PORTLAND, Maine (CBS) — Federal wildlife officials said Tuesday they’re proposing to remove the eastern cougar from the endangered species list because the subspecies has likely been extinct for at least 70 years.

The U.S. Fish and Wildlife Service said it came to the decision after reviewing data from researchers in the subspecies’ range.

“We recognize that people have seen cougars in the wild in the eastern U.S.,” said Martin Miller, the Service’s Northeast Region Chief of Endangered Species, in a statement. “Those cougars are not of the eastern cougar subspecies.”

More than 100 cougars have been reported in eastern North America since 1900, but officials say those are likely Florida panthers or cougars from another endangered subspecies that have escaped or been released from captivity.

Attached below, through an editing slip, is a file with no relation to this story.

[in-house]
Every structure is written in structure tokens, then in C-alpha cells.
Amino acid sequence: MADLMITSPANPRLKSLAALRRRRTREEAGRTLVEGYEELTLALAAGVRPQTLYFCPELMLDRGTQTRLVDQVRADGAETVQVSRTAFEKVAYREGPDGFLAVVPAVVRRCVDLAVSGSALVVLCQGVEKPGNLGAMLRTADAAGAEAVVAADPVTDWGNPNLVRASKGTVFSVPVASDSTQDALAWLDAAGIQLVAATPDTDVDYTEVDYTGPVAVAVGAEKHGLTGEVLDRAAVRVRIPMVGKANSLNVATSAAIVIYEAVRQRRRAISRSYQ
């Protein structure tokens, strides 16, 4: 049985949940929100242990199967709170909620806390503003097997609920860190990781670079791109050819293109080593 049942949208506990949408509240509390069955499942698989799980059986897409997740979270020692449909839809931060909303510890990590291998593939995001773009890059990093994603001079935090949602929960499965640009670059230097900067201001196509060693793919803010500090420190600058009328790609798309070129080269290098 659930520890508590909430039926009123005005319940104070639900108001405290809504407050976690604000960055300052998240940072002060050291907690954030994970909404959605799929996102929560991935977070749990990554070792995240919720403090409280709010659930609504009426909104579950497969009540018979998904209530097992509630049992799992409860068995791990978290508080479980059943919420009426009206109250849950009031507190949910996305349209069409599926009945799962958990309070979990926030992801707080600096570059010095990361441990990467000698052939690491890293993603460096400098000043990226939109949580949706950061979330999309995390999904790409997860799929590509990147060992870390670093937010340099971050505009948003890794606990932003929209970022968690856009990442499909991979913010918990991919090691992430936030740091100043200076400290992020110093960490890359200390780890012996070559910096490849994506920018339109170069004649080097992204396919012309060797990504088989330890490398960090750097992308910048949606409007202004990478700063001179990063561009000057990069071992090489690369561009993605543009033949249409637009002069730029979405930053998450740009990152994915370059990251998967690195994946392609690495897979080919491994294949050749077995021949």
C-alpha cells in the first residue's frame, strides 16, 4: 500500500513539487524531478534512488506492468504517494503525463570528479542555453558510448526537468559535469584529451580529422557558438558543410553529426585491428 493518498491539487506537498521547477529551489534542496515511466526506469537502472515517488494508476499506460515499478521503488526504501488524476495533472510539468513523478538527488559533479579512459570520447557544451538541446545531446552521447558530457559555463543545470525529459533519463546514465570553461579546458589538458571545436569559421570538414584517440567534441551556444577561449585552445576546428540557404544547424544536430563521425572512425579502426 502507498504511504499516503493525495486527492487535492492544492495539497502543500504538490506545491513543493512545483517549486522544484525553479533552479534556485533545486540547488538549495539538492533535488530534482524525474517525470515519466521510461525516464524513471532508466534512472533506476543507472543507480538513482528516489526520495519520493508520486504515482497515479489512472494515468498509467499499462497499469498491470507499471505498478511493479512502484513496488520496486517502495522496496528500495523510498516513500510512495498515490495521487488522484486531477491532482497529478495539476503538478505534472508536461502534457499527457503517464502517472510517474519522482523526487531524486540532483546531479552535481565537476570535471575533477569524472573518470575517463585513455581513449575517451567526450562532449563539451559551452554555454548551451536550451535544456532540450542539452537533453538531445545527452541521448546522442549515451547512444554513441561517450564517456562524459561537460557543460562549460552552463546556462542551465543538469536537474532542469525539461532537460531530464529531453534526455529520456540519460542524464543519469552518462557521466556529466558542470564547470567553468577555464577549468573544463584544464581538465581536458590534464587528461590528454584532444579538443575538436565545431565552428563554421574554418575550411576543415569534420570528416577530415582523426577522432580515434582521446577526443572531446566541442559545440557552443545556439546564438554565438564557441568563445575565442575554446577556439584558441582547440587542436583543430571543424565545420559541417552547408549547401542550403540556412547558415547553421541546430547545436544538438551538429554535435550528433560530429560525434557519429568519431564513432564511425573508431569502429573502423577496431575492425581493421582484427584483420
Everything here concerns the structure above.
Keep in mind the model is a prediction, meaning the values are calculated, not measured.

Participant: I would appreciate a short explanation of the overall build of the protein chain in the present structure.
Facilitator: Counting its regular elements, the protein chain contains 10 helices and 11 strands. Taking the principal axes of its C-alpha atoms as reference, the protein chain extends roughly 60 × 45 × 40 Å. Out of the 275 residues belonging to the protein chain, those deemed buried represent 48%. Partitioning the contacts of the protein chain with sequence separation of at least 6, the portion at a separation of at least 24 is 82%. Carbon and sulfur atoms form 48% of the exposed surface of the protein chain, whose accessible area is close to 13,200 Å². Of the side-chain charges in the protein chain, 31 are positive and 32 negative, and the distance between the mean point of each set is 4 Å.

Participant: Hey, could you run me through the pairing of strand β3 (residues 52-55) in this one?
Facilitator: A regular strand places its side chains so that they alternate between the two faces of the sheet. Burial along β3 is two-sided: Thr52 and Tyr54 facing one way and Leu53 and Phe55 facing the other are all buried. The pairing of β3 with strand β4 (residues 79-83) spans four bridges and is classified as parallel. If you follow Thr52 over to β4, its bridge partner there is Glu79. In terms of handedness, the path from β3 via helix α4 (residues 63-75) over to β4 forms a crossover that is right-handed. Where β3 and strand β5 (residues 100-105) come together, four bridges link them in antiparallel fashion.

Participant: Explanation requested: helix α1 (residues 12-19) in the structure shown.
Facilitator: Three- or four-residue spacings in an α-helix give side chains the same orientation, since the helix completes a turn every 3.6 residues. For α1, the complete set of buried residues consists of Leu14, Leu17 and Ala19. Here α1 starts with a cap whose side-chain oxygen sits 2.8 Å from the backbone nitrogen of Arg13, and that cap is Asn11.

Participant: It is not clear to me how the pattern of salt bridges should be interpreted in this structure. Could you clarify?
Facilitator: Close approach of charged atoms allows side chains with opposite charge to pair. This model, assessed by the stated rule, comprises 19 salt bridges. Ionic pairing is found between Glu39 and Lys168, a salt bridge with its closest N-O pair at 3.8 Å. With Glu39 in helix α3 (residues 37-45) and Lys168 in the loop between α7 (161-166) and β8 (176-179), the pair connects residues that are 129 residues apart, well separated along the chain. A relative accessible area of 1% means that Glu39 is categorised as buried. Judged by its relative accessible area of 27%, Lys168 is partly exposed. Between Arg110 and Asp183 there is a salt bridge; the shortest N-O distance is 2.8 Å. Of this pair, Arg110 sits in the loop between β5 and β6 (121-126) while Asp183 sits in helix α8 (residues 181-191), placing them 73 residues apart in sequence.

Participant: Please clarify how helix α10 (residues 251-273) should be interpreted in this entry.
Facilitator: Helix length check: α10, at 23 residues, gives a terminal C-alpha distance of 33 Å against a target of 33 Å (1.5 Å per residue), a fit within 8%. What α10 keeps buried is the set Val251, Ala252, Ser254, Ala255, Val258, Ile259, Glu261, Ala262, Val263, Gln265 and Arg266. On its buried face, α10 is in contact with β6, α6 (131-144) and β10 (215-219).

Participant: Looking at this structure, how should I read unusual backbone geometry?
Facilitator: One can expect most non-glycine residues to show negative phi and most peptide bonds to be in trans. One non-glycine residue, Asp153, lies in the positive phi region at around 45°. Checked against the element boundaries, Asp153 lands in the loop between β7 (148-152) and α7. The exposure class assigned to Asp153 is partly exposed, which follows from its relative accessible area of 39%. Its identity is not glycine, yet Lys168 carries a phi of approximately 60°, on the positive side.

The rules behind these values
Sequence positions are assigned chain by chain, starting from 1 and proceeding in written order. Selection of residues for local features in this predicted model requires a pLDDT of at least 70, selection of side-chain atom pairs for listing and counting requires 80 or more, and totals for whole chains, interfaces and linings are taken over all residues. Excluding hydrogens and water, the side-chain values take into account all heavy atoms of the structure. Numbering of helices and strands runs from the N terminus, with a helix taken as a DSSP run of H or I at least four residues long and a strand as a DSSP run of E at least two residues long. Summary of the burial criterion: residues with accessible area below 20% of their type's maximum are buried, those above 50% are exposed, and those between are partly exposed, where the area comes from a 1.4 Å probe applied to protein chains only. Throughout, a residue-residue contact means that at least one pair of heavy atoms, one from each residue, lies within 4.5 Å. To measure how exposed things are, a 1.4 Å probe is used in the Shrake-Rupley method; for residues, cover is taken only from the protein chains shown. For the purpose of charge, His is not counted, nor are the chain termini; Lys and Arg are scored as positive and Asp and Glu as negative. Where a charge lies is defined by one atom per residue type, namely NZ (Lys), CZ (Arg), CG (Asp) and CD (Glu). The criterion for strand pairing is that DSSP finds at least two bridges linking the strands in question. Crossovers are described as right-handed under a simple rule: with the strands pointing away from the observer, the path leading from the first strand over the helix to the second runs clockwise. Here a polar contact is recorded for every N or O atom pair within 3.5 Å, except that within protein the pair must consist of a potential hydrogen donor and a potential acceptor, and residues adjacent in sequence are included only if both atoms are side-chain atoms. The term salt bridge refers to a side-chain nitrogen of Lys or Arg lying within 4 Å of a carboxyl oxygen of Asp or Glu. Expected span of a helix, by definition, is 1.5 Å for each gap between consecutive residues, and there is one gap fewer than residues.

“No states or provinces provided evidence of the existence of an eastern cougar population,” the service said.

Most eastern cougars disappeared in the 1800s at the hands of European immigrants, who killed them protect themselves and livestock. The eastern cougar’s main prey, the white-tailed deer, almost went extinct in the area.

Officials said the last record of an eastern cougar was believed to be in Maine in 1938.

A biologist with what's believed to be the last eastern cougar in 1938 (Photo credit Northeastern Wildlife Station)

A biologist with what’s believed to be the last eastern cougar in 1938 (Photo credit Northeastern Wildlife Station)

The government’s proposal will be available for public review until August 17.

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